Being insect friendly
In the formal gardens around the Library we have consciously planted a number of insect friendly shrubs such as cotoneaster, hebe, fushia, buddleia, cotton lavender, artemesia and laurel, as well as allium, sedum, and hybrid roses.
The Library has also ceased to routinely use Pesticides and herbicides, only where absolutely necessary on an exception-only basis.
All garden waste is composted on site in three specially constructed compost bins. This compost is periodically removed and used as a mulch around the gardens.
Over the last few years the Library has made a great deal of effort to improve the condition, impact, and sustainability of the gardens immediately surrounding the building. The aim of these improvements has been to improve biodiversity, as well as to create a beautiful environment in which members of the public and Library staff can relax. In the next few years the planting will mature and it is hoped that the gardens will make a major contribution to wellbeing. The Library has started to involve the gardens within the Library’s volunteering scheme and hopes that this will offer unique opportunities to volunteers.
The Library provides an exhibition each year for the St. David’s Day Prayer Breakfast in Cardiff. This special event is organised by a group of Christian members of the Senedd from different parties, and the guests include members of parliaments from across Europe, church and chapel leaders, and representatives of a number of Christian organisations.
The theme of this year’s Prayer Breakfast was “Revivals”. The earliest item in the exhibition was Llythyr ynghylch y ddyledswydd o gateceisio plant a phobl anwybodus (1749) by Griffith Jones, who was responsible for establishing thousands of circulating schools in order to teach people to read the Bible. There was a close connection between these schools and the efforts to persuade the SPCK to provide Bibles in Welsh.
Two letters, giving an account of a revival of religion in Wales by Thomas Charles of Bala were published in 1792. The time of spiritual awakening recounted by Charles led to the founding of the Bible Society, and the exhibition also included the first edition of the Welsh Bible published by the Society in 1807.
In order to reflect the international aspect of the theme, we showed Hanes llwyddiant diweddar yr Efengyl, a rhyfeddol waith Duw, ar eneidiau pobl yn North America (1766), a translation by William Williams, Pantycelyn of a pamphlet describing the spiritual awakening in America two years earlier. Also included in the exhibition were the autobiography of Ben Chidlaw (1890), a Welshman who emigrated to America but was also involved in the 1839 Revival on a visit to Wales, and The revival in the Khasia Hills (1907), the history of the Calvinistic Methodist foreign mission in India.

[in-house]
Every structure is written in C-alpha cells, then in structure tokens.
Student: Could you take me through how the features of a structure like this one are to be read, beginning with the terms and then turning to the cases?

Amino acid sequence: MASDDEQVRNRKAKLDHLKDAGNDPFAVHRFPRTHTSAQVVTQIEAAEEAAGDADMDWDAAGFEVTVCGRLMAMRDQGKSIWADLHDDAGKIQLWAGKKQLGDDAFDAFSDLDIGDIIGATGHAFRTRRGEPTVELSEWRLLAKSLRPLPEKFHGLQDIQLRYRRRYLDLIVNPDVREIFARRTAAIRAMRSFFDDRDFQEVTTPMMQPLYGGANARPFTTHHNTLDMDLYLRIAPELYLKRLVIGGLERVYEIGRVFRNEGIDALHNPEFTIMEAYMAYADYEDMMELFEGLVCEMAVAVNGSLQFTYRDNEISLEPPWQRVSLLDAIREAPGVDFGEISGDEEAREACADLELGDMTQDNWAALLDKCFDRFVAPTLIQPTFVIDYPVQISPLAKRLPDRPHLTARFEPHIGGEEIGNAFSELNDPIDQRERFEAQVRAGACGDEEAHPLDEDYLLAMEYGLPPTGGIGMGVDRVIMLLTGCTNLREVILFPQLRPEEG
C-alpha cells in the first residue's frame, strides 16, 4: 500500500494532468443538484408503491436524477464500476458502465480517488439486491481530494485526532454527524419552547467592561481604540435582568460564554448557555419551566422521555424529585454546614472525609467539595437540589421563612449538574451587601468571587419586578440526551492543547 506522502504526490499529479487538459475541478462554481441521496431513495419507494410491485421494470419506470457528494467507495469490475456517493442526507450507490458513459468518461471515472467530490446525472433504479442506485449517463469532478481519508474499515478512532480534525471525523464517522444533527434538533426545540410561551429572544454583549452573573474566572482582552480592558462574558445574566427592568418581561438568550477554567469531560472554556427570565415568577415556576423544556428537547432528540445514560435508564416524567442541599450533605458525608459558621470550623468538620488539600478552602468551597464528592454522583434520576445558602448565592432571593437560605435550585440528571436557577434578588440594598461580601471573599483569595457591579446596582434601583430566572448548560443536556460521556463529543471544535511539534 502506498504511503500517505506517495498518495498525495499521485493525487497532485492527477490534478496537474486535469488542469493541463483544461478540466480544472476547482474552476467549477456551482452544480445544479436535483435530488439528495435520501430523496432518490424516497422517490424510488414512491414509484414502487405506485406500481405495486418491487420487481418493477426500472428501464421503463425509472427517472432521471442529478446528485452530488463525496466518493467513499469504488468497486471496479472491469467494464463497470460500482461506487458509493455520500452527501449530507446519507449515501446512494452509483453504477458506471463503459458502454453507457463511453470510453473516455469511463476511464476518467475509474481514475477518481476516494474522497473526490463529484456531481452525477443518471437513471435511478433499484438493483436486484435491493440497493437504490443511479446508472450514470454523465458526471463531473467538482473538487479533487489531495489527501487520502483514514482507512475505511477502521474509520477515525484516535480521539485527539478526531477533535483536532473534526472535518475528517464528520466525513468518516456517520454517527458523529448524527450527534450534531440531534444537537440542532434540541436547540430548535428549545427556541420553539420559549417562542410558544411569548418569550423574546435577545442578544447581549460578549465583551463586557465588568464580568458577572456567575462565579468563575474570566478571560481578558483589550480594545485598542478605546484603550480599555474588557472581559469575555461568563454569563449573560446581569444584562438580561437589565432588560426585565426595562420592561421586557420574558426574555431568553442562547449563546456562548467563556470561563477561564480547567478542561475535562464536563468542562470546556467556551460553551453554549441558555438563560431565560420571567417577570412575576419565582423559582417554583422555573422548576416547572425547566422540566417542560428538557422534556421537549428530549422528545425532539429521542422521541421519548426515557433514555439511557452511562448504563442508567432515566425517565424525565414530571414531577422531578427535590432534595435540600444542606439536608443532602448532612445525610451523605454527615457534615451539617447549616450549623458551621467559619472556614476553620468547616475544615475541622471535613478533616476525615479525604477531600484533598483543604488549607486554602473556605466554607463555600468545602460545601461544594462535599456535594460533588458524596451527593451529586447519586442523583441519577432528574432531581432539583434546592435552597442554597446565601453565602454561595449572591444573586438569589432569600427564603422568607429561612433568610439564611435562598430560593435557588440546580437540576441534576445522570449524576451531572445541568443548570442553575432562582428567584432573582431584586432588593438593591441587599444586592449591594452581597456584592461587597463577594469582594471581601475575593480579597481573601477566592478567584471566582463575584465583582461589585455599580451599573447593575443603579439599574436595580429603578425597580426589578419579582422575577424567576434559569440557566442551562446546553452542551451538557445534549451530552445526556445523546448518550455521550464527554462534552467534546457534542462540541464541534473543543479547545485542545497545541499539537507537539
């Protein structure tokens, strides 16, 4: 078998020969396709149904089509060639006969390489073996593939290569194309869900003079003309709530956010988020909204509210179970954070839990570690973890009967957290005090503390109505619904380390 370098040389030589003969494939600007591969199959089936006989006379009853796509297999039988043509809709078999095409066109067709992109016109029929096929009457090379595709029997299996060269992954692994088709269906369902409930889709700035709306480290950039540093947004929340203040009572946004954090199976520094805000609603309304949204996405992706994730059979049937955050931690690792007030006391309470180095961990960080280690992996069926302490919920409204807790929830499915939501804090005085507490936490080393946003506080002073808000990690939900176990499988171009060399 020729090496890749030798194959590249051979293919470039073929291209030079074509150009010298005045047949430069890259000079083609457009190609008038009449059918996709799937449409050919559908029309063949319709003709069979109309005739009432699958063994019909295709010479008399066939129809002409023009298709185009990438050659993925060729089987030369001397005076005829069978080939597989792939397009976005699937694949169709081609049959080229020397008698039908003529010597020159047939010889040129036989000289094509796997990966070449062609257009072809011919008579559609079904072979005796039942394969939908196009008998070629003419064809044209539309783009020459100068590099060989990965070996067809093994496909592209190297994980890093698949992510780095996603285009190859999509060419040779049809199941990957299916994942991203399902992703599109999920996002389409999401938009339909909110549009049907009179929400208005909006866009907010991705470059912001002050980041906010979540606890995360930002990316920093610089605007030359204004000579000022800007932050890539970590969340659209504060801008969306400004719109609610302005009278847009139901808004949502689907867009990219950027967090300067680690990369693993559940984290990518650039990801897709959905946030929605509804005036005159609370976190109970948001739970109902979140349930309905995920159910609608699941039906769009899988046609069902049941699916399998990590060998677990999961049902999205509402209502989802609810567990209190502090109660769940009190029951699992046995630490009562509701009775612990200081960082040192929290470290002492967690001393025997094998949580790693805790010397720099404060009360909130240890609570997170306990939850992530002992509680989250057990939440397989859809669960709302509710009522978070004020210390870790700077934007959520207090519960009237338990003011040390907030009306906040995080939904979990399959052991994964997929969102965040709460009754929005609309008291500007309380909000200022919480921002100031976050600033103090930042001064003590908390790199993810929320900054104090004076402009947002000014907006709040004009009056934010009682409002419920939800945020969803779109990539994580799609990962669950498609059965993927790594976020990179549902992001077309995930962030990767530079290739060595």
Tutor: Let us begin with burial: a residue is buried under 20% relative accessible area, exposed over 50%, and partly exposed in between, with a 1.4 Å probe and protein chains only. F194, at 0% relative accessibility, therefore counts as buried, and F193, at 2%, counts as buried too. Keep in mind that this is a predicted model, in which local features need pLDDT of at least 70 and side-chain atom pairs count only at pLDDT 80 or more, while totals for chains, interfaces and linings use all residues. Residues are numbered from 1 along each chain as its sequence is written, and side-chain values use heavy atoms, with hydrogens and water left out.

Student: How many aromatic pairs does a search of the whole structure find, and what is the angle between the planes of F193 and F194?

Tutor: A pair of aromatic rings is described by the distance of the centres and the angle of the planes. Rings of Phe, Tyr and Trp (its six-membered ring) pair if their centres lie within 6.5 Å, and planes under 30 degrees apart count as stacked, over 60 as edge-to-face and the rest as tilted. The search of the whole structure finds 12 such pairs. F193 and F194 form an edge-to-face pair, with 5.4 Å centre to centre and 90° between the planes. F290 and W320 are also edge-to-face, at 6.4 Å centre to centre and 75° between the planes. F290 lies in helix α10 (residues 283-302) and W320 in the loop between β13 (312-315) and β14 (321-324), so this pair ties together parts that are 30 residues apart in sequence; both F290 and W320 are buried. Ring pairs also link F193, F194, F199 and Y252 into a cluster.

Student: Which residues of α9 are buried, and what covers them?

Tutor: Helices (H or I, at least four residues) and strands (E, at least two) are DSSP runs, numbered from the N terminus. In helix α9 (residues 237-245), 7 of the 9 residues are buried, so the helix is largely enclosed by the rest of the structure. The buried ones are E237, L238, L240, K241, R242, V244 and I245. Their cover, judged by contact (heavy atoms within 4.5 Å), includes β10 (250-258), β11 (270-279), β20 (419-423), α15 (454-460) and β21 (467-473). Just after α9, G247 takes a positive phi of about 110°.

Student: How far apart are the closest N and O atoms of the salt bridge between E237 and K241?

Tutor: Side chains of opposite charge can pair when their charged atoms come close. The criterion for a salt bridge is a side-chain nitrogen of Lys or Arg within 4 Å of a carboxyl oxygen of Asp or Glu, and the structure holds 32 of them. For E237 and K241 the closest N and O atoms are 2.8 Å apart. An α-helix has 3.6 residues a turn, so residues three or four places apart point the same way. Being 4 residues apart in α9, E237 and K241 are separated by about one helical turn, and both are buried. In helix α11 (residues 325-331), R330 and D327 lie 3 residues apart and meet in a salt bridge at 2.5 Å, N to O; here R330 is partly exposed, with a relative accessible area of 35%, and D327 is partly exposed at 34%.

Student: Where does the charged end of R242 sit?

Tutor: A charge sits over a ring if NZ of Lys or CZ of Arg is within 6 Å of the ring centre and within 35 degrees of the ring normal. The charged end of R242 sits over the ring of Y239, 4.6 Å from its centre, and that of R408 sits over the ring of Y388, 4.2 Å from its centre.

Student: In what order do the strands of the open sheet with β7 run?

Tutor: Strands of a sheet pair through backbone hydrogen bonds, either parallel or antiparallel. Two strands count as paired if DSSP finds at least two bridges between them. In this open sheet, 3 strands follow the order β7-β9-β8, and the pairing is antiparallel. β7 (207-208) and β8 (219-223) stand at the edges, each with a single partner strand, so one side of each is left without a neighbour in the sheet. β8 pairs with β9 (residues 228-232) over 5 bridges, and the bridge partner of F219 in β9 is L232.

Two manuscripts from the 1858-9 Revival were shown: the diary of Dafydd Morgan, Ysbyty, and a letter from John Matthews of Aberystwyth. The item which attracted most interest was Evan Roberts’s Bible, which he had with him when working as a miner. The Bible was partially burnt in an explosion in 1897 which killed five of his colleagues. This led to his conversion, described in the diary of the Rev. Seth Joshua, which was displayed beside the Bible. Evan Roberts became the leading figure of the 1904-05 Revival.
It was a privilege to display these treasures from the Library’s collections in the foyer of the Senedd and discuss them with the guests. In creating the exhibition I sought to recount the work of God through a number of revivals in Wales, as well as revivals in other countries which have either had an influence in Wales or benefited from the contribution of Welsh missionaries.
One of the Library’s main aims is to collect all kinds of recorded information about Wales and the people of Wales for the benefit of the public, with a new emphasis on ensuring that our collections represent all aspects of Welsh life and history, especially under-represented individuals and communities. The ‘Collecting’ exhibition gives a taste of our recent acquisitions, including archives and manuscripts, books, maps, photographs and artwork.
In terms of archives the material represents a number of themes – literature, wars, sport and entertainment, politics and music, industry and culture. It contains material of interest in the study of women’s history, the history of slavery, the social history of Wales, the history of art, and the history of the entertainment world, dating from 1866 to 2018. The writers Edward Thomas, David Jones, Menna Elfyn and Eigra Lewis Roberts are among those featured, as are Frederick Douglass, David Lloyd George and Jill Evans from the political world, and Mollie Doreen Phillips, Harry Secombe and Llio Rhydderch from the entertainment industry.
This is what’s on display:
The poet Edward Thomas’s exercise book contains drafts of ‘The Mountain Chapel’, December 1914. (NLW MS 24122B). Purchased with financial assistance of the Friends of the National Libraries.
An illustrated letter in Welsh which forms part of a collection of letters from David Jones to Valerie ‘Elri’ Wynne-Williams. (NLW MS 24167i-iiiE) Purchased with financial assistance of the Friends of the National Libraries.
Notebook of the writer Menna Elfyn dating from 1977 containing early poetic endeavors and drafts of poems. (Menna Elfyn Archive, 1/1/1) Purchase.